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Lord Howe Island - New Year 1993
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The day finally came and it was time for Ian to fly out, as he had to get back to his business and sailing back would have taken to long. We spent the morning just cruising around having fun, although I don’t recall exactly what we did. That afternoon Ian was due to be at the airport so after a ceremonial drink at the RSL we rode out to the airport on our push bikes and said our goodbyes. It was a sad occasion, we had all had such a good time with him there we were sorry to see him go. We shook his hand and patted him on the shoulder and finally he was on his way. Then there were five. We went back and got some more snorkelling in during the afternoon.

One day we had spent a fair bit of time on various bushwalks and sightseeing in general.

Finally Jodi was leaving us and flying home. When it came time to get her to the plane we put her bags in the dinghy and motored across to the beach.The airport was at the other end of the island from the main community, joined by a road running parallel with the beach. A shuttle bus ran along this every half-hour or so.We carried her bags to the side of the road, told her, the shuttle bus would be along in a few minutes then got back in the dinghy and went back out to the boat.This might sound mean but we had all had an absolute gut full of her. She hadn’t made any effort to fit in, never cooked a meal or washed up and complained about everything. Then there were four.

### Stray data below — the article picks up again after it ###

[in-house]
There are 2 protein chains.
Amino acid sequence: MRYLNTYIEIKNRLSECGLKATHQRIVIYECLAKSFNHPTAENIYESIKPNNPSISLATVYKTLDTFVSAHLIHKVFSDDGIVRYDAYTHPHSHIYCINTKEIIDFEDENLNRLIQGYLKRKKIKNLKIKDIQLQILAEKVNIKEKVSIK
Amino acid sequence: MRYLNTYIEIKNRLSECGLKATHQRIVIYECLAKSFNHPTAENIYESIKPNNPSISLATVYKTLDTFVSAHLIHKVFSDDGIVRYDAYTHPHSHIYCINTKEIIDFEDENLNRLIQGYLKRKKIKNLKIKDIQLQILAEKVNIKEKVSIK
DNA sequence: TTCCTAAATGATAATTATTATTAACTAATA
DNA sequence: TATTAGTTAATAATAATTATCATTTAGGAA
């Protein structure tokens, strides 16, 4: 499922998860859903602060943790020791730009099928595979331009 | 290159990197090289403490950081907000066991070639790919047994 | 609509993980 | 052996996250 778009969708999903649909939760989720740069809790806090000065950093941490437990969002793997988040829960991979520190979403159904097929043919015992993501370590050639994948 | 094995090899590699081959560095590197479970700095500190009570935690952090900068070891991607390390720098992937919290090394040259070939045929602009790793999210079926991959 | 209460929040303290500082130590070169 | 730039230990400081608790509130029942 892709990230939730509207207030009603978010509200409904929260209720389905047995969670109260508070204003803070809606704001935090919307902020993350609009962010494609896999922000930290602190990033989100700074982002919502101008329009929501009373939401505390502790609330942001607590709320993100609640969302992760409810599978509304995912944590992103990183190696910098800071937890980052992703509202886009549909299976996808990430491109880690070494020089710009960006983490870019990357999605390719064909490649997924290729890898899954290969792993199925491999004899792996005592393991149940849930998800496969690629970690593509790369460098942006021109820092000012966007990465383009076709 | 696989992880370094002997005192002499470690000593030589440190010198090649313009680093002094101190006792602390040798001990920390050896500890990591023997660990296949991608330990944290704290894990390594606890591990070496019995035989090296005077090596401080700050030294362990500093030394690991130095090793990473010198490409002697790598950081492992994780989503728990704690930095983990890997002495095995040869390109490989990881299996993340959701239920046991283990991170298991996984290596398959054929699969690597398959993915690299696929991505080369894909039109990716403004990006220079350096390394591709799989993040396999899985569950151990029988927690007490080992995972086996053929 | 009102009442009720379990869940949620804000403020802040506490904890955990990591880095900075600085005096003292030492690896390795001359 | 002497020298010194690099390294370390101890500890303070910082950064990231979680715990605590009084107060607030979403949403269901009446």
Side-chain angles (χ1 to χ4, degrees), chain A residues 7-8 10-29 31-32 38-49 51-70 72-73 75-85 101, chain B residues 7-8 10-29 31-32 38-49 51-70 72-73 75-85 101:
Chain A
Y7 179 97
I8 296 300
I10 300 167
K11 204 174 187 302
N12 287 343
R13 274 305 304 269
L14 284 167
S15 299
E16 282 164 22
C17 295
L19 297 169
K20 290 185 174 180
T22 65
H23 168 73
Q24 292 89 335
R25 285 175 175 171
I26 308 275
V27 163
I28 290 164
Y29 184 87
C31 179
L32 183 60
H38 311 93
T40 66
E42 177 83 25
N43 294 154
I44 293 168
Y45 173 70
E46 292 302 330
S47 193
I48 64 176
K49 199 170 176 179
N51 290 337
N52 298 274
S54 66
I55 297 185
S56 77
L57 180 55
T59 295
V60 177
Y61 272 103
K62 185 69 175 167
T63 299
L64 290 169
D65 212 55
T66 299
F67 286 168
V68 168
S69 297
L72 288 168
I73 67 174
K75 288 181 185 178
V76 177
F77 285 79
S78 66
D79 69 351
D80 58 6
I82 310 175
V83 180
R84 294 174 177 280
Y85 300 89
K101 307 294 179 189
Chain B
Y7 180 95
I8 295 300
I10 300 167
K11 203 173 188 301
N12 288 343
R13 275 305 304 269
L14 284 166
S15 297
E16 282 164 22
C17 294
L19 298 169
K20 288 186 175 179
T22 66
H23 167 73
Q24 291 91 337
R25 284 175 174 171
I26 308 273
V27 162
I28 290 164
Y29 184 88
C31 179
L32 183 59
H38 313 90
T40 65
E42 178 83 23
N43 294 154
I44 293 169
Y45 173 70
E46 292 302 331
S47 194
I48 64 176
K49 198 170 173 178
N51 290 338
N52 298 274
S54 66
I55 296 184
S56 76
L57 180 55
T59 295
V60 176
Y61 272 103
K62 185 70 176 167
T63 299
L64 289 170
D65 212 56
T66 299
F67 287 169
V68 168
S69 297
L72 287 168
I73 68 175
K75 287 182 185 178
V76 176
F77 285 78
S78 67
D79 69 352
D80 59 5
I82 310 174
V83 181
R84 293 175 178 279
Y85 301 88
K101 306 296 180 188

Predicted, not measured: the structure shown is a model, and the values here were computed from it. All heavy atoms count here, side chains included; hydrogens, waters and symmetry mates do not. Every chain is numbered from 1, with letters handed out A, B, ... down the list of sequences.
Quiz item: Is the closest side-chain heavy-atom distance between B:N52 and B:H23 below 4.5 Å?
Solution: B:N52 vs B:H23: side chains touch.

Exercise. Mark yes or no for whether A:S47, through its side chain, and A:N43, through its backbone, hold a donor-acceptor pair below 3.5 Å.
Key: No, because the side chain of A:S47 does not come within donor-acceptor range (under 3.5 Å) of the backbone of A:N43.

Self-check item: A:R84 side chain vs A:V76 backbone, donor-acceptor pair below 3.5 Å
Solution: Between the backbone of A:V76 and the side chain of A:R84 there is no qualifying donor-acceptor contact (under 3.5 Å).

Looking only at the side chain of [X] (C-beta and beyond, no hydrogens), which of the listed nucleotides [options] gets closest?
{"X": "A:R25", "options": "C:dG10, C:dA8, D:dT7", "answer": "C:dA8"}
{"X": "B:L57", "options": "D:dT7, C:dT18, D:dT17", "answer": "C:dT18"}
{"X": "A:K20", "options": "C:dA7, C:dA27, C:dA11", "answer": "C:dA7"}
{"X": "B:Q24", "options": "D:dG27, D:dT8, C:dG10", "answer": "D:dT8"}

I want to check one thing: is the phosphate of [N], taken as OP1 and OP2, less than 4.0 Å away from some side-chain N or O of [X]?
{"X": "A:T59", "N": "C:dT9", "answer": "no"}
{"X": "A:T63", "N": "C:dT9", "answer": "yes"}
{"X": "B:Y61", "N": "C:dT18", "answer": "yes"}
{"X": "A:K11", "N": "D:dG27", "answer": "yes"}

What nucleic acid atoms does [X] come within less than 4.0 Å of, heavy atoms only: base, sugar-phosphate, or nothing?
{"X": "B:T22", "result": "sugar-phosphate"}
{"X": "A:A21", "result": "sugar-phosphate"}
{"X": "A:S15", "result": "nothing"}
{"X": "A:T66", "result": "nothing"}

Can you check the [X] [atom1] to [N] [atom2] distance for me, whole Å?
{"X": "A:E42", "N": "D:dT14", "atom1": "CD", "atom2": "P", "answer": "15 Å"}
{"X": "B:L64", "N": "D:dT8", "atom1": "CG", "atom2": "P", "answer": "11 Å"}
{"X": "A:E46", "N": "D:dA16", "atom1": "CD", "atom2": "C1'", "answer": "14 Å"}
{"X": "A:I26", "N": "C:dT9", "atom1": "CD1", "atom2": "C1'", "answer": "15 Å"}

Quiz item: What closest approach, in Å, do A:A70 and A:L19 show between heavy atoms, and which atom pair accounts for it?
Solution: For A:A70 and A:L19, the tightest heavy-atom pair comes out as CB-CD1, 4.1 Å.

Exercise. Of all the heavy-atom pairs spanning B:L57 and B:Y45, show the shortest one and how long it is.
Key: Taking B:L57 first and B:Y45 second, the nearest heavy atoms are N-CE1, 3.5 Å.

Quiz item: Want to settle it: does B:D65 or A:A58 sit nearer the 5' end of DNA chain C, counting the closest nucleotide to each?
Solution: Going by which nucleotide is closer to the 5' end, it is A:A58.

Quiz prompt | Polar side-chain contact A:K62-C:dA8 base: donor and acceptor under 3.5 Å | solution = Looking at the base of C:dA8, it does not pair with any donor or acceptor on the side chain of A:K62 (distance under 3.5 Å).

The weather in general was very tropical while we were there. However the first few days were the best. The wind came in from the north pretty constantly after that. It was still very pleasant on the island but not the nicest on the boat. One day it started to build up and we were getting gusts (bullets) coming down from the mountains of about 70 knots. This was making the boat skew around on the mooring line and we were worried about the security of the mooring. The following day when it calmed down we dived down to see what we were tied to and it was the worlds biggest admiralty anchor. No problems there !
One afternoon I went for a walk up to one of the lookouts by myself. On the way I passed the wreckage of the Catalina Flying Boat that crashed on the island sometime around the end of WW2. It was pretty degraded with time and spread over a fairly large area. The most prominent parts and the things that interested me the most were the engines. They were big rotary piston engines. This is the type of engine that inspired the horizontally opposed

BMW bike engine, some time after the end of WW1. A BMW BOXER engine as they were called is what was in the bike I owned at the time. I wandered around the various bits of wreckage for quite a while and could feel the drama that must have ensued years before.




We all went for a swim one day to the only beach that had surf. You might think that surfing is no big deal, but this was the cleanest, cleanest and I might say cleanest beach I had ever been to. The water was so clear that even while in the surf you could see underwater without goggles to the next swimmer about 30 metres away. The sand was so white and clean. It’s a pity that we only managed to get to this beach once. No ones fault but our own.


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